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The Politics of Food | The Nation

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The Politics of Food

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Case sawed shakily at his steak, reducing it to uneaten bite-sized fragments, which he pushed around in the rich sauce.... "Jesus," Molly said, her own plate empty, "gimme that. You know what this costs?" She took his plate. "They gotta raise a whole animal for years and then they kill it. This isn't vat stuff.
   --William Gibson,
Neuromancer

About the Author

Maria Margaronis
Maria Margaronis
Maria Margaronis writes from The Nation's London bureau. Her work has appeared in many other publications,...

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A year ago, Monsanto chairman Robert Shapiro had the future in his pocket. His vast "life sciences" corporation was at the cutting edge of the new agricultural revolution, genetic modification; the spread of GM seeds throughout the United States, he told his shareholders, was the most "successful launch of any technology ever, including the plow." The little matter of European distaste for the new crops would, he felt sure, be resolved by the right kind of PR and some careful scientific reassurance. As Ann Foster, the company's personable British flack, patiently explained to anti-GM campaigners here, "people will have Roundup Ready soya, whether they like it or not."

So far, things have not gone according to plan. The European Union has a de facto moratorium on the commercial growing of GM crops, pending further discussion (the only exception is the Swiss company Novartis's Bt corn, currently being grown in Spain). Austria, Luxembourg, Italy and Greece have total or partial bans on the technology. Even the Blair government, in love with the sleek promises of high-tech business and keen to keep Clinton sweet, has bowed to public pressure and put off the commercial planting of GM seeds in Britain for at least three years. (Environment Minister Michael Meacher, whose views on the subject are carefully tracked by the CIA, has reportedly said in private that GM crops will never be grown commercially here.) Shoppers have rejected GM food in droves, prompting a breathless race among the supermarket chains to go GM-free. As a report by the British government's Science and Technology Committee put it, "At the current rate at which food manufacturers are withdrawing GM ingredients...from their products, there will be no market for GM food in this country."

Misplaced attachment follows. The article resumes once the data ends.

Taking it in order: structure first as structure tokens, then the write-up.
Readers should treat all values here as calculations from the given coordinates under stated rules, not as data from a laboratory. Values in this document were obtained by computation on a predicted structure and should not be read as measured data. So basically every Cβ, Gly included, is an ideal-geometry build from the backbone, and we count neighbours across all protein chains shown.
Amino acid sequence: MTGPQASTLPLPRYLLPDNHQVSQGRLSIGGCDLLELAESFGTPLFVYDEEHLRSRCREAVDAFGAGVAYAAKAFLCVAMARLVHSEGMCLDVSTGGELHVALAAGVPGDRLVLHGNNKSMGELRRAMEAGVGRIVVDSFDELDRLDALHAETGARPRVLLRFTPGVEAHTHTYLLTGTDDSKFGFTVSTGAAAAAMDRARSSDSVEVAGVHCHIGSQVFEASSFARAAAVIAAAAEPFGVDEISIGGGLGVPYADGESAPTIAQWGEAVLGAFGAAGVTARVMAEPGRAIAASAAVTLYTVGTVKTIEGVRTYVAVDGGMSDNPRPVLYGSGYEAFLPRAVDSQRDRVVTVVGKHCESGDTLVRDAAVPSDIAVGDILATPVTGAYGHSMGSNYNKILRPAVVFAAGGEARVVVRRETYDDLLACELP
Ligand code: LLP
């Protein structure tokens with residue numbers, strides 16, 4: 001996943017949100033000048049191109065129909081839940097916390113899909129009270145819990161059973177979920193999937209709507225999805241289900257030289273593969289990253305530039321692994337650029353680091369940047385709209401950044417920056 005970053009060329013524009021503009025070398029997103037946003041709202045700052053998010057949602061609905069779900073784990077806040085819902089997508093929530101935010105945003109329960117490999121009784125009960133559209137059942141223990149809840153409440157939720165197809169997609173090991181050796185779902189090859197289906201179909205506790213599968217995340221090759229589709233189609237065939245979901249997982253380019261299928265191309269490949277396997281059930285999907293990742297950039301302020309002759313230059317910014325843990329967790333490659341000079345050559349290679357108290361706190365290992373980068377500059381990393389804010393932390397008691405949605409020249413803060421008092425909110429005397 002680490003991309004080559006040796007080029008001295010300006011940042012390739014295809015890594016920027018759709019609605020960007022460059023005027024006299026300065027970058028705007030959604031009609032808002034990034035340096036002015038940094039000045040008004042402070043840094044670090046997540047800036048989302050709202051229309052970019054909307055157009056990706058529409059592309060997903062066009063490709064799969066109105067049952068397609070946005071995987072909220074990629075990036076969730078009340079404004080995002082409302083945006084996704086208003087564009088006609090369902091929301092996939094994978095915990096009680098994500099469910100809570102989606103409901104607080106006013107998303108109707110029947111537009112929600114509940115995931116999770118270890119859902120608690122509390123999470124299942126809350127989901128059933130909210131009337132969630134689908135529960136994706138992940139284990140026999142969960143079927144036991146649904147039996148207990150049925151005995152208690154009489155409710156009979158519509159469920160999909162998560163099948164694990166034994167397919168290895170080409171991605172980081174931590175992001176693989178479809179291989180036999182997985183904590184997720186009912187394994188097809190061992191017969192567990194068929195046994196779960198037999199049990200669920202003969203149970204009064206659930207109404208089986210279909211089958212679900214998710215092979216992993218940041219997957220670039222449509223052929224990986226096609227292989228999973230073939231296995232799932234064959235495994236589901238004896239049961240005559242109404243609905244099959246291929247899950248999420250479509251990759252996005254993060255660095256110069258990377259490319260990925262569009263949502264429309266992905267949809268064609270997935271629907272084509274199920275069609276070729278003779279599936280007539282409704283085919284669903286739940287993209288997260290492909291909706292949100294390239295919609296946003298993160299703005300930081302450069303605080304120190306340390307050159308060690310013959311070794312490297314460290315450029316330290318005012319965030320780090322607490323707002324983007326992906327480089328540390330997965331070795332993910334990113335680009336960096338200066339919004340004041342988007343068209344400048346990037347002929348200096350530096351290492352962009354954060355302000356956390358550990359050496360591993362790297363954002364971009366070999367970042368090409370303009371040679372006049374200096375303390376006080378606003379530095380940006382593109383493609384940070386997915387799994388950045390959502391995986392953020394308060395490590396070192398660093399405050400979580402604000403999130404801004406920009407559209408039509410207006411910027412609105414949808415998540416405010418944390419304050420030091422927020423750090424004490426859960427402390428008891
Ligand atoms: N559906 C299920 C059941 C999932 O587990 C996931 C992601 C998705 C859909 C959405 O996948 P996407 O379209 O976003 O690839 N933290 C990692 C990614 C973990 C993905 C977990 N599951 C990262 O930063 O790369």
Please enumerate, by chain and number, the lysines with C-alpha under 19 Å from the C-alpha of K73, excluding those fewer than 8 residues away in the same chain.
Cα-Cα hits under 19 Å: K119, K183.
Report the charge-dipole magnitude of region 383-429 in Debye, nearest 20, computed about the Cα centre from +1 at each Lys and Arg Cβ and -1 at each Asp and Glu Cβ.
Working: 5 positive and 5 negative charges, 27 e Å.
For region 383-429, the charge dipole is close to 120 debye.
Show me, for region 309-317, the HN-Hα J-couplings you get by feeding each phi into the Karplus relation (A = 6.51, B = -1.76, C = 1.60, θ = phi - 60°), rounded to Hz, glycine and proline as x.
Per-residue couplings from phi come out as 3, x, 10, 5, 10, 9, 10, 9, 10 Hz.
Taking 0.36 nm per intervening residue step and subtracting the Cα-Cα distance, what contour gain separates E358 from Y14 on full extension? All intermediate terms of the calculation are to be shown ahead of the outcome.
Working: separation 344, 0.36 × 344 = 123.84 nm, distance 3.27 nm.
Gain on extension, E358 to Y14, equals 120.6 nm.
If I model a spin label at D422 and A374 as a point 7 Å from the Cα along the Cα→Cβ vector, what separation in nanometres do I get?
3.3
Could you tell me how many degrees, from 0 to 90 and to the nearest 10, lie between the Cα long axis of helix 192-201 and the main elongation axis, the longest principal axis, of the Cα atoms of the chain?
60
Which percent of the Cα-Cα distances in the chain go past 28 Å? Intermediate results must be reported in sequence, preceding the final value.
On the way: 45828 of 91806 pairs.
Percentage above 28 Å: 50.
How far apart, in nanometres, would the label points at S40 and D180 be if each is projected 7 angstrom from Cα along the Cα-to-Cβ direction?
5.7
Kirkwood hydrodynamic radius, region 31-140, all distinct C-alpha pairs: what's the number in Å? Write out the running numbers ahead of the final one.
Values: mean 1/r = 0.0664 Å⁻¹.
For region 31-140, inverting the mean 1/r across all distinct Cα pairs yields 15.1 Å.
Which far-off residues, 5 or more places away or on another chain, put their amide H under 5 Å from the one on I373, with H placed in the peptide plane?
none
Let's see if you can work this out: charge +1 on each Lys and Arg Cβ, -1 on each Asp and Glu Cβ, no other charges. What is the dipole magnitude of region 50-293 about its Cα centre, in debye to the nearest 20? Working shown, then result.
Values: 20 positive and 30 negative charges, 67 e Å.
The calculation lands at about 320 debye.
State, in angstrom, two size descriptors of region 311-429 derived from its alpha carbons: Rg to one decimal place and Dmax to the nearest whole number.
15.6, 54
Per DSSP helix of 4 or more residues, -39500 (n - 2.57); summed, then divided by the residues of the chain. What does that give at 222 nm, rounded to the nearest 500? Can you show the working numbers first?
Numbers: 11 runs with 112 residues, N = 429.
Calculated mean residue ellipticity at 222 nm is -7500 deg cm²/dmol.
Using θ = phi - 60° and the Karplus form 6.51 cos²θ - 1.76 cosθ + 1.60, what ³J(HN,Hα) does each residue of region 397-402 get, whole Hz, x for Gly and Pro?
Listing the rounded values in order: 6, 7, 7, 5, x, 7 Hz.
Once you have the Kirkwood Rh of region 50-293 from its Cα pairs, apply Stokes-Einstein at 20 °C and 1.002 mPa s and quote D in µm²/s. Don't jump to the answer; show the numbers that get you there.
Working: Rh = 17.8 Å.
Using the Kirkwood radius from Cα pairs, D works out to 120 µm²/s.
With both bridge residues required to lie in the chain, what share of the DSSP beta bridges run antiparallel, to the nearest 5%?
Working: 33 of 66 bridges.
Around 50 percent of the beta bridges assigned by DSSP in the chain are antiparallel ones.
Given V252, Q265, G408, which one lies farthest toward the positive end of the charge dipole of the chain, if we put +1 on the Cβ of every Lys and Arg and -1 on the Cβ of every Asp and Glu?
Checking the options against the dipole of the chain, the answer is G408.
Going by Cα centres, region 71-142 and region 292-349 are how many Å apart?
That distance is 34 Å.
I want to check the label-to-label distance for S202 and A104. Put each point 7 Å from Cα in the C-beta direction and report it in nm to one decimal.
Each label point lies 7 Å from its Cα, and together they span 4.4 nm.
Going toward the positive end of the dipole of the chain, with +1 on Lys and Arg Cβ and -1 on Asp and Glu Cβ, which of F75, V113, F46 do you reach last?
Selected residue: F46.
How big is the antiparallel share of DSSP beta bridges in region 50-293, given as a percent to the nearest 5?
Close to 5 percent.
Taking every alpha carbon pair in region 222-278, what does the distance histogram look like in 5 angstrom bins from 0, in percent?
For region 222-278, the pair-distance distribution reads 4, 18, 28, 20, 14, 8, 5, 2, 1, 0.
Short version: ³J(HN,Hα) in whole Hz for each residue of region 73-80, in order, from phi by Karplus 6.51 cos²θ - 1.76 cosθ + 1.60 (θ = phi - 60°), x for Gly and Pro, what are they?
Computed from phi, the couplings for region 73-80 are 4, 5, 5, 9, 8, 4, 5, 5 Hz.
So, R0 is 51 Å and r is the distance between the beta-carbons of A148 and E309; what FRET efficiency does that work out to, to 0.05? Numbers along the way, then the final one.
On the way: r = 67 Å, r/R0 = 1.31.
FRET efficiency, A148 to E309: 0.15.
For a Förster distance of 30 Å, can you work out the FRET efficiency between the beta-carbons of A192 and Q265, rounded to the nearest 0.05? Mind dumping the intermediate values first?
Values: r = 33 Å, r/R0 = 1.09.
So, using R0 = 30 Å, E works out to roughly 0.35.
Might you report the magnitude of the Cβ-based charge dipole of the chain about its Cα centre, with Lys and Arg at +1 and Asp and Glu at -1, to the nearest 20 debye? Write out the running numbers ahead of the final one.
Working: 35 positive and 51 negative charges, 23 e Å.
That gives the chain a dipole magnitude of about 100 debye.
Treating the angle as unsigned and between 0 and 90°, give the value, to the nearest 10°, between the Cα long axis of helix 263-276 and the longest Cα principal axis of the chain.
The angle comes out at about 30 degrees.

US soy exports to Europe are down from $2.1 billion in 1996 to $1.1 billion in 1999, and anxiety about GM crops (or genetically engineered crops, as they're generally known in the United States) is blowing across the prairies. Last spring and summer a series of reports by the influential Deutsche Bank urged investors to pull out of agricultural biotechnology altogether: "The term GMO [genetically modified organism] has become a liability. We predict that GMOs, once perceived as the driver of the bull case for this sector, will now be perceived as a pariah." In October a chastened Shapiro apologized to Greenpeace for his "enthusiasm," which, he acknowledged, could be read as "condescension or indeed arrogance." Monsanto's stock has gone seriously pear-shaped, and the board has reportedly considered a company breakup.

What happened? How did a loose assemblage of European environmental activists, development charities, food retailers and supermarket shoppers stop a huge multinational industry, temporarily at least, in its tracks?